A small chalkboard with the bar’s name scrawled on it is the only indication of the existence of this irresistible neighbourhood joint—the sign overhead belonging to a long-closed Portuguese snack bar. Inside, there’s an easygoing atmosphere and a retro-kitsch vibe—with vinyl chairs, Formica tables, an old lunch counter and a fantastic jukebox (it plays three tunes for a loonie). Wander in for live gypsy jazz on Saturdays and country troubadour music on Sundays.

1149 Dundas St. W., 647-435-0103, No website. 

The Comrade

This Riverside mainstay is a hole-in-the-wall in the best way possible. But for an illuminated red sign in the front window, you could walk past it for a decade without ever stepping foot inside—then one day wonder how you ever missed it. It’s the sort of place that’s always lively, but not too lively: there’s always a table or bar stool at the ready, and while it’s suitably dark—with mahogany accents and a pressed tin ceiling—it’s bright enough to read a while, snacking on house-made potato chips and slowly sipping a zippy white negroni or a Gift Horse, made with bitter bianco, vermouth, bourbon and chocolate bitters, from a heavy frozen tumbler. As Toronto’s neighbourhood bars become ever more upscale, the city could use a few more Comrades.

758 Queen St. E., 416-778-9449, thecomraderestaurant.com

The Only

What began over 35 years ago as a bohemian sandwich counter has morphed into one of the city’s finest beer emporiums. Behind a graffiti-muralled Danforth storefront, a snug 50-seat backyard patio courts hops aficionados from both sides of the DVP. They come for the colossal list of more than 200 bottles and cans (recent highlights include sour ales from Belgium’s Cantillon and 3 Fonteinen breweries), 25 rotating beers on draft, including special nitro taps, at least one cask-conditioned ale and Ontario ciders. And when the inevitable hunger kicks in, take advantage of how close the bar is to the very excellent Big House Pizza, and go grab the Big Mac–inspired Sir John A McDonald pie to bring back to your stool.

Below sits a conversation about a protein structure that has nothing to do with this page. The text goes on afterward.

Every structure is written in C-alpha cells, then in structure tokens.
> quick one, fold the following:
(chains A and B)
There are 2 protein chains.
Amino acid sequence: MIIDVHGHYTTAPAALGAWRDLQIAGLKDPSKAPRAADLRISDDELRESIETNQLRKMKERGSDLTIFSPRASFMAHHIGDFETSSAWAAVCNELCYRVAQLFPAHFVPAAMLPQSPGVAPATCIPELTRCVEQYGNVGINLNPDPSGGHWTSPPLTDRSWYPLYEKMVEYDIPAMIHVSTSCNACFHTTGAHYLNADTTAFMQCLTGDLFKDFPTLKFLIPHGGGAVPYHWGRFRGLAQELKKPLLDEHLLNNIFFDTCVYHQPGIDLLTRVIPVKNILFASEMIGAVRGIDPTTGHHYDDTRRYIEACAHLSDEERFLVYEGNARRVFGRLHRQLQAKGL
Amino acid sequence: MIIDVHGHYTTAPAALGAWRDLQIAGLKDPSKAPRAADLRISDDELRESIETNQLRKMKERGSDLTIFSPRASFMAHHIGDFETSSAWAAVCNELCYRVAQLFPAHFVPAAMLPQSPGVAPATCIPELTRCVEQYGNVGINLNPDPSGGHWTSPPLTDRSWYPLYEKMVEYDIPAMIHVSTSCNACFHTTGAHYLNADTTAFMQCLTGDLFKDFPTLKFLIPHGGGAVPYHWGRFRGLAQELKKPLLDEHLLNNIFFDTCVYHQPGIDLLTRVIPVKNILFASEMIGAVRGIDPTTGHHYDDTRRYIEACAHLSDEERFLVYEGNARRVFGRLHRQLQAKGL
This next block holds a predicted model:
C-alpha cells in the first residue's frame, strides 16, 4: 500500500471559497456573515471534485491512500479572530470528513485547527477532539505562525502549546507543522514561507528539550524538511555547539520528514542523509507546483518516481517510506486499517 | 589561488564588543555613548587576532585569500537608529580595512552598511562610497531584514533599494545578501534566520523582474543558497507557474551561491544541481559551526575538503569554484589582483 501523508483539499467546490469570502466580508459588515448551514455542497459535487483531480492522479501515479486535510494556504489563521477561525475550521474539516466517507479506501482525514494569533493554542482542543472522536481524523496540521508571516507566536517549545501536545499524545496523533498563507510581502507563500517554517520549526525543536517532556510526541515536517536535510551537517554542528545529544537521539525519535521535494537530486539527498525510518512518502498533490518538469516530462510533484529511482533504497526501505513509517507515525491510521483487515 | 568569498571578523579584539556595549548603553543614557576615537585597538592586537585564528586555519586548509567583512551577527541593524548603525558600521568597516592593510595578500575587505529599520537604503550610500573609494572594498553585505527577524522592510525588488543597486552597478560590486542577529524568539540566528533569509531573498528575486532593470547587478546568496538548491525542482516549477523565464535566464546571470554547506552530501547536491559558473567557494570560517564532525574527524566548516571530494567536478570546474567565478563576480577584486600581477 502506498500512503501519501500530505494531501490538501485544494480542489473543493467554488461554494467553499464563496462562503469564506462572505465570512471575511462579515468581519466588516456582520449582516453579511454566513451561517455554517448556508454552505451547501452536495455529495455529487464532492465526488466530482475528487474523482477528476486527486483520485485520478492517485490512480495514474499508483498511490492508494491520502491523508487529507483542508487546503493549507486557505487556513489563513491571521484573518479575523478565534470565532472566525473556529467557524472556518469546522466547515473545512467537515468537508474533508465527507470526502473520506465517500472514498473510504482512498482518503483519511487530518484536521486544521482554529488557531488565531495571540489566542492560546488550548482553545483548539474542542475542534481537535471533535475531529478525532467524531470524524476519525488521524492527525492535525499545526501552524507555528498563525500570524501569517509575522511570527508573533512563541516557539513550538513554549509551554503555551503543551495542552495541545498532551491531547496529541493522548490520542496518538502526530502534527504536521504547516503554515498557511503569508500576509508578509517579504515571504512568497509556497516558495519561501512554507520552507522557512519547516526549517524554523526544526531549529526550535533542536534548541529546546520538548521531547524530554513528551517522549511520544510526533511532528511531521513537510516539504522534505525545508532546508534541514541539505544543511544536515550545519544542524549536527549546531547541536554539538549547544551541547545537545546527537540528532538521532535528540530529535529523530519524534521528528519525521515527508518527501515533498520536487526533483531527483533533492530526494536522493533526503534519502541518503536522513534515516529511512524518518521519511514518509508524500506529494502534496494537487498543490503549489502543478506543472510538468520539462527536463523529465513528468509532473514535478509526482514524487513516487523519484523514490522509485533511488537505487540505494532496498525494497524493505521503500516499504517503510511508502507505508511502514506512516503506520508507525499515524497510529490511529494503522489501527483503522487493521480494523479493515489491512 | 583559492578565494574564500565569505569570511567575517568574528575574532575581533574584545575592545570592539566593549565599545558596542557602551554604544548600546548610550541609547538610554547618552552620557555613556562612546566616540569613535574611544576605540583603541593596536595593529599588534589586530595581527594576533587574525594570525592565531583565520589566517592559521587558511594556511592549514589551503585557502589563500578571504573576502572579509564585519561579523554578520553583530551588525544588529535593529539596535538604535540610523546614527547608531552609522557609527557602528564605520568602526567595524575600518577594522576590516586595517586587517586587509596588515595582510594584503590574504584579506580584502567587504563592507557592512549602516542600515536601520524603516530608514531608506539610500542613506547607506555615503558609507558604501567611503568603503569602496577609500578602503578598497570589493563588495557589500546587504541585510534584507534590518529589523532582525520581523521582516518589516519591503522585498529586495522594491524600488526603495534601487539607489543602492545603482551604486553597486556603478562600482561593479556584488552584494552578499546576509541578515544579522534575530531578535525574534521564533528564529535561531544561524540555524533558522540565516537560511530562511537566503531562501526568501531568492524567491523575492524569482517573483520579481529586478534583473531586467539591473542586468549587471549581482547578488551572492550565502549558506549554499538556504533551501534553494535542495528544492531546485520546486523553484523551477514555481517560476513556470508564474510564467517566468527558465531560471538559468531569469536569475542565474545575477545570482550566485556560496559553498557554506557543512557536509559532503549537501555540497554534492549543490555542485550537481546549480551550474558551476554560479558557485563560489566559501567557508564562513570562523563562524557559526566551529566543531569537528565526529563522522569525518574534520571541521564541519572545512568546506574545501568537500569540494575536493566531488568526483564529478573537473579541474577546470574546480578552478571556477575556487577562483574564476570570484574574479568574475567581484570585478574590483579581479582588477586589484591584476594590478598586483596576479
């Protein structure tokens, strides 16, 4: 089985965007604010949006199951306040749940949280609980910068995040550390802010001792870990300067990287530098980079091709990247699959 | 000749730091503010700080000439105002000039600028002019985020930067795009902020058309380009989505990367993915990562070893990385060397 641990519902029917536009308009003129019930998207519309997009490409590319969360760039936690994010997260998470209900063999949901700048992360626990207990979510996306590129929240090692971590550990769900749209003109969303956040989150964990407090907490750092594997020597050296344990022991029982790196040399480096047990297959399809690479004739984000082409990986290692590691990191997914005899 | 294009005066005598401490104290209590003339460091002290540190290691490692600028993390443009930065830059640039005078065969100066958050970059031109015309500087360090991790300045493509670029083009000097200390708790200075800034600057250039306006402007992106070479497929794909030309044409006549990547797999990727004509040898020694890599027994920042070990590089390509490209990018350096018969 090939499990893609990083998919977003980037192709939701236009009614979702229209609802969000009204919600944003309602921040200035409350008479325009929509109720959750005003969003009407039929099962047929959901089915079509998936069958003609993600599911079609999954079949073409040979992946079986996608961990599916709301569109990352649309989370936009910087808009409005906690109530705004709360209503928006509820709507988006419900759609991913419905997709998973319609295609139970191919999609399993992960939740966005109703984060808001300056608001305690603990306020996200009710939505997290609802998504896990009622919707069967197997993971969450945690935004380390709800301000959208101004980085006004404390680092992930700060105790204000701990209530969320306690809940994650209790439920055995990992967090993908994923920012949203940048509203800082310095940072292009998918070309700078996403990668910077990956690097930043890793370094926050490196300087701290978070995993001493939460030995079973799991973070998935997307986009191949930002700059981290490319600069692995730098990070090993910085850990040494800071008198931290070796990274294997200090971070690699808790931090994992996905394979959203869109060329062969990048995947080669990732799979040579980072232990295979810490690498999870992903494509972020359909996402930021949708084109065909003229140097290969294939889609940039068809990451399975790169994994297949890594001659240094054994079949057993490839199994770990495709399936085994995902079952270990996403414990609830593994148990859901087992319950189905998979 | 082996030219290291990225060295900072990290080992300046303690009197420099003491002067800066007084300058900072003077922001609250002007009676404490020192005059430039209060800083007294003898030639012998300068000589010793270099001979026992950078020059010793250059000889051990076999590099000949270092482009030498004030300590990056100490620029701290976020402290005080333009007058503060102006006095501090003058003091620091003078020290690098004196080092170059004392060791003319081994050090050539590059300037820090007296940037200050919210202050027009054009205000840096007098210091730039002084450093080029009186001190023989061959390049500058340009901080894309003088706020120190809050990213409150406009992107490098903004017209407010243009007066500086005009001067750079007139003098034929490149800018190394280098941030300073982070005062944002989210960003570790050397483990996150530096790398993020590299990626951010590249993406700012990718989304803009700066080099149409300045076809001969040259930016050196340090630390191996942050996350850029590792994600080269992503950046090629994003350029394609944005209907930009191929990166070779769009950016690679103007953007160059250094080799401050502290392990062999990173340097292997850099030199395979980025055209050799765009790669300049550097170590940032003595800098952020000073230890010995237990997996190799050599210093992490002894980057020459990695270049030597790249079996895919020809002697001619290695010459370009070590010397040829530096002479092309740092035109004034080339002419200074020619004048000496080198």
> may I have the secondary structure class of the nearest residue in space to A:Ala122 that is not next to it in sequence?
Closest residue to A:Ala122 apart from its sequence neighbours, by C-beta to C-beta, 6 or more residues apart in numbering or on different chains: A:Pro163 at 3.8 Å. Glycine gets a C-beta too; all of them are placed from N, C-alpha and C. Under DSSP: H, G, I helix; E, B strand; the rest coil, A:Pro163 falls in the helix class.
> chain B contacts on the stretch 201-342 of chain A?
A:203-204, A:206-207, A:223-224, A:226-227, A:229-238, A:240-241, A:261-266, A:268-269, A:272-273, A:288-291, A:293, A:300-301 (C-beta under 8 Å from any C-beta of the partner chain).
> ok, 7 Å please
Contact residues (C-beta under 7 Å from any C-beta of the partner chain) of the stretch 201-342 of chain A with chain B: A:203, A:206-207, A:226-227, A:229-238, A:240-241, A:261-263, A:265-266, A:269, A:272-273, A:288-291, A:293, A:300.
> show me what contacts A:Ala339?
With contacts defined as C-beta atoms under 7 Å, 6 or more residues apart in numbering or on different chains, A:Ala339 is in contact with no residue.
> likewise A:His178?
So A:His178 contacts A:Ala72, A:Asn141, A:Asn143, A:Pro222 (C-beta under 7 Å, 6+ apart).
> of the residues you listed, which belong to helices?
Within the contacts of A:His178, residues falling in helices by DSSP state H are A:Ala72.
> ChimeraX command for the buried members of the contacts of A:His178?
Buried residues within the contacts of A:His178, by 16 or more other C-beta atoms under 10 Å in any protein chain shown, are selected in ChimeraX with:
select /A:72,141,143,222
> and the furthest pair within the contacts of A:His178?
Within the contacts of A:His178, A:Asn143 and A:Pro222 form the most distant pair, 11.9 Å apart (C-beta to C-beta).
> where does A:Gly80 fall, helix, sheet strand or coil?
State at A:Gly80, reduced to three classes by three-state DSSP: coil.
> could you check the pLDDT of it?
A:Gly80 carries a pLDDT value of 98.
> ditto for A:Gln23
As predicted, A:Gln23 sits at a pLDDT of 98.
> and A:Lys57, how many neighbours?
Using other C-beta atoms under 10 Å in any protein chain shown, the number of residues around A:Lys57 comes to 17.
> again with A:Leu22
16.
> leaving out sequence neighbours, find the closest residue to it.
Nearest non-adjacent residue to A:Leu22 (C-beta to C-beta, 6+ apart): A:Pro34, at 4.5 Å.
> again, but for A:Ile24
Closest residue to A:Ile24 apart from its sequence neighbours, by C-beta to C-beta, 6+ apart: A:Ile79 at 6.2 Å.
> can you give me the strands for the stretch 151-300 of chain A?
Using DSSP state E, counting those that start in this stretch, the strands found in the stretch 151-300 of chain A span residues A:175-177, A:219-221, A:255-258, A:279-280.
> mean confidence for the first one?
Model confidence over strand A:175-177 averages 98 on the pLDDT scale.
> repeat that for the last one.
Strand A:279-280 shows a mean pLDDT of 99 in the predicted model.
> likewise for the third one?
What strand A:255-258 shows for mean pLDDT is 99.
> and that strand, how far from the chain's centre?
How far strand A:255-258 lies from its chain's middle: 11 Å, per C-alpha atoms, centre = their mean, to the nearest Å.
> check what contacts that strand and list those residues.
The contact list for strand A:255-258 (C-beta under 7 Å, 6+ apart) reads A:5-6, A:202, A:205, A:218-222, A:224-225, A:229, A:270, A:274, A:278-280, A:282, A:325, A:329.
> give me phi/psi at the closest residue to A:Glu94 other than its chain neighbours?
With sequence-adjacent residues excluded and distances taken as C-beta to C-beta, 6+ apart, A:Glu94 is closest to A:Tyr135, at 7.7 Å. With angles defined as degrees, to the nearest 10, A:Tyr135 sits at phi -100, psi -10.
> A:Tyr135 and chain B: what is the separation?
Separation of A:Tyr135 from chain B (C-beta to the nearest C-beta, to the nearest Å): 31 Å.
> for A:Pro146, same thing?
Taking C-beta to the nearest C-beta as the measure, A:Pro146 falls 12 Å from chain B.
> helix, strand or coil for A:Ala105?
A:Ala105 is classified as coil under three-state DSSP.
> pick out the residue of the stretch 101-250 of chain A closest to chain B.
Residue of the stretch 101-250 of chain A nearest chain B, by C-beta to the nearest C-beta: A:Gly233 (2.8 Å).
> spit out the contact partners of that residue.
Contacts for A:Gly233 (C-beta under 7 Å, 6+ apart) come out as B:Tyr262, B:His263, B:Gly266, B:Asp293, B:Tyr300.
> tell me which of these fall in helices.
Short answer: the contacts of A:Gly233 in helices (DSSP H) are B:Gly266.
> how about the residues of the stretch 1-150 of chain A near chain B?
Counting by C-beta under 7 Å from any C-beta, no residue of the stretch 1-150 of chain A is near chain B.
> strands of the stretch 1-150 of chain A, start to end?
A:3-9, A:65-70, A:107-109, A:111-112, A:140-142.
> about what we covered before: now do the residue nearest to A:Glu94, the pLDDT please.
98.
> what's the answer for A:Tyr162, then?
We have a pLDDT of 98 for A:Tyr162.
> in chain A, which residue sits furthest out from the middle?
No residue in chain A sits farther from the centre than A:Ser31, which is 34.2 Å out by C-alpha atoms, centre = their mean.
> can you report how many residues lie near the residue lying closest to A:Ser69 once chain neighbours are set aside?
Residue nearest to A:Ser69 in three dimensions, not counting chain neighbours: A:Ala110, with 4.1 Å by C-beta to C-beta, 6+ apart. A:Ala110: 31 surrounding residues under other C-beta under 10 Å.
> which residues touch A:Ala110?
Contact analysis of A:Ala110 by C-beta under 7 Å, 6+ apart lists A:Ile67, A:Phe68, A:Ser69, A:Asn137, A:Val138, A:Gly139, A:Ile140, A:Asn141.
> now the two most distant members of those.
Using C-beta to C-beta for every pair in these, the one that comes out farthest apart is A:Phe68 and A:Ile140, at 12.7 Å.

972 Danforth Ave., 416-463-7843, theonlycafe.com

Lake Inez
Lake Inez

Only two years in, Lake Inez has matured into one of the city’s most eclectic dining rooms—and home to one of its most interesting and playful drinks lists. With by-the-glass pours of biodynamic tempranillos from Spain and cloudy, unrefined gamays from Burgundy, and consignment bottles of amphora-aged cab franc and trendy pét-nat, it’s a true destination for wine drinkers. The all-Ontario tap list is geared toward experimentation, too: a recent list included a dry-hopped strawberry cider from Hamilton’s West Avenue. The options shouldn’t divert attention from the cocktail menu, which includes concoctions both highbrow (an intriguing mix of bitter herbal liqueur, pineapple vodka, gin and cardamom) and low (San Miguel on ice, with a lime wedge).

1471 Gerrard St. E., 416-792-1590, lakeinezto.com

416 Snack Bar

For almost eight years now, this lovable hole-in-the-wall at the corner of Queen and Bathurst has been pumping out craft beer, classic cocktails (there’s no list; just tell them what you want) and a surprising amount of wine to go with its menu of globe-trotting small plates. Its “snack bar” label doesn’t do justice to what comes out of executive chef Dustin Gallagher’s kitchen—these are no ordinary bar bites: there’s Argentinian barbecue, two skewers of juicy parilla-style beef tenderloin with red chimichurri; a reuben sandwich on bread griddled to the extreme so it shatters like delicious, buttery glass on contact; pillowy steamed buns stuffed with juicy pork belly; and nuggets of spicy Korean fried chicken. The menu, save for a few favourites, is in constant flux, and often lists seasonal specials, like a take on Mexican street corn or so-good-you-order-it-twice organic heirloom tomato toast dressed simply with a thick blanket of mayo. Don’t go looking for any utensils, because you won’t find any—416 Snack Bar is cutlery-free and proud of it. But when the food is this good, who gives a fork?

181 Bathurst St., 416-364-9320, 416snackbar.com

Paradise Grapevine

In the space recently vacated by Menalon, the 50ish-year-old Greek diner and dive bar, is Paradise Grapevine, Bloorcourt’s favourite new wine bar from two Bar Volo alumni. Gone are the jukebox, the carpet and the kitchen. Souvlaki and saganaki have been replaced by a menu of smaller snacks, including plates of cheese and cured sausage, bags of chips in flavours like jamón or truffle, and sourdough made especially for the bar by the bakers at Burdock. Bottles of Labatt 50 and Bud have been swapped out for crushable craft beers, funky ciders and a crap-ton of wine. As for the clientele? Well, it’s a lot younger and more stylish, but the moustaches remain. The back patio, housed in what was once a garage, is the bar’s sweet spot. While it was always there—already called Paradise Grapevine, in fact—boy, does it look different: all aquamarine and twinkle lights, surrounded by a ton of garden plants and the bar’s namesake vines all tangled overhead.

841 Bloor St. W., 416-536-7178, paradisegrapevine.com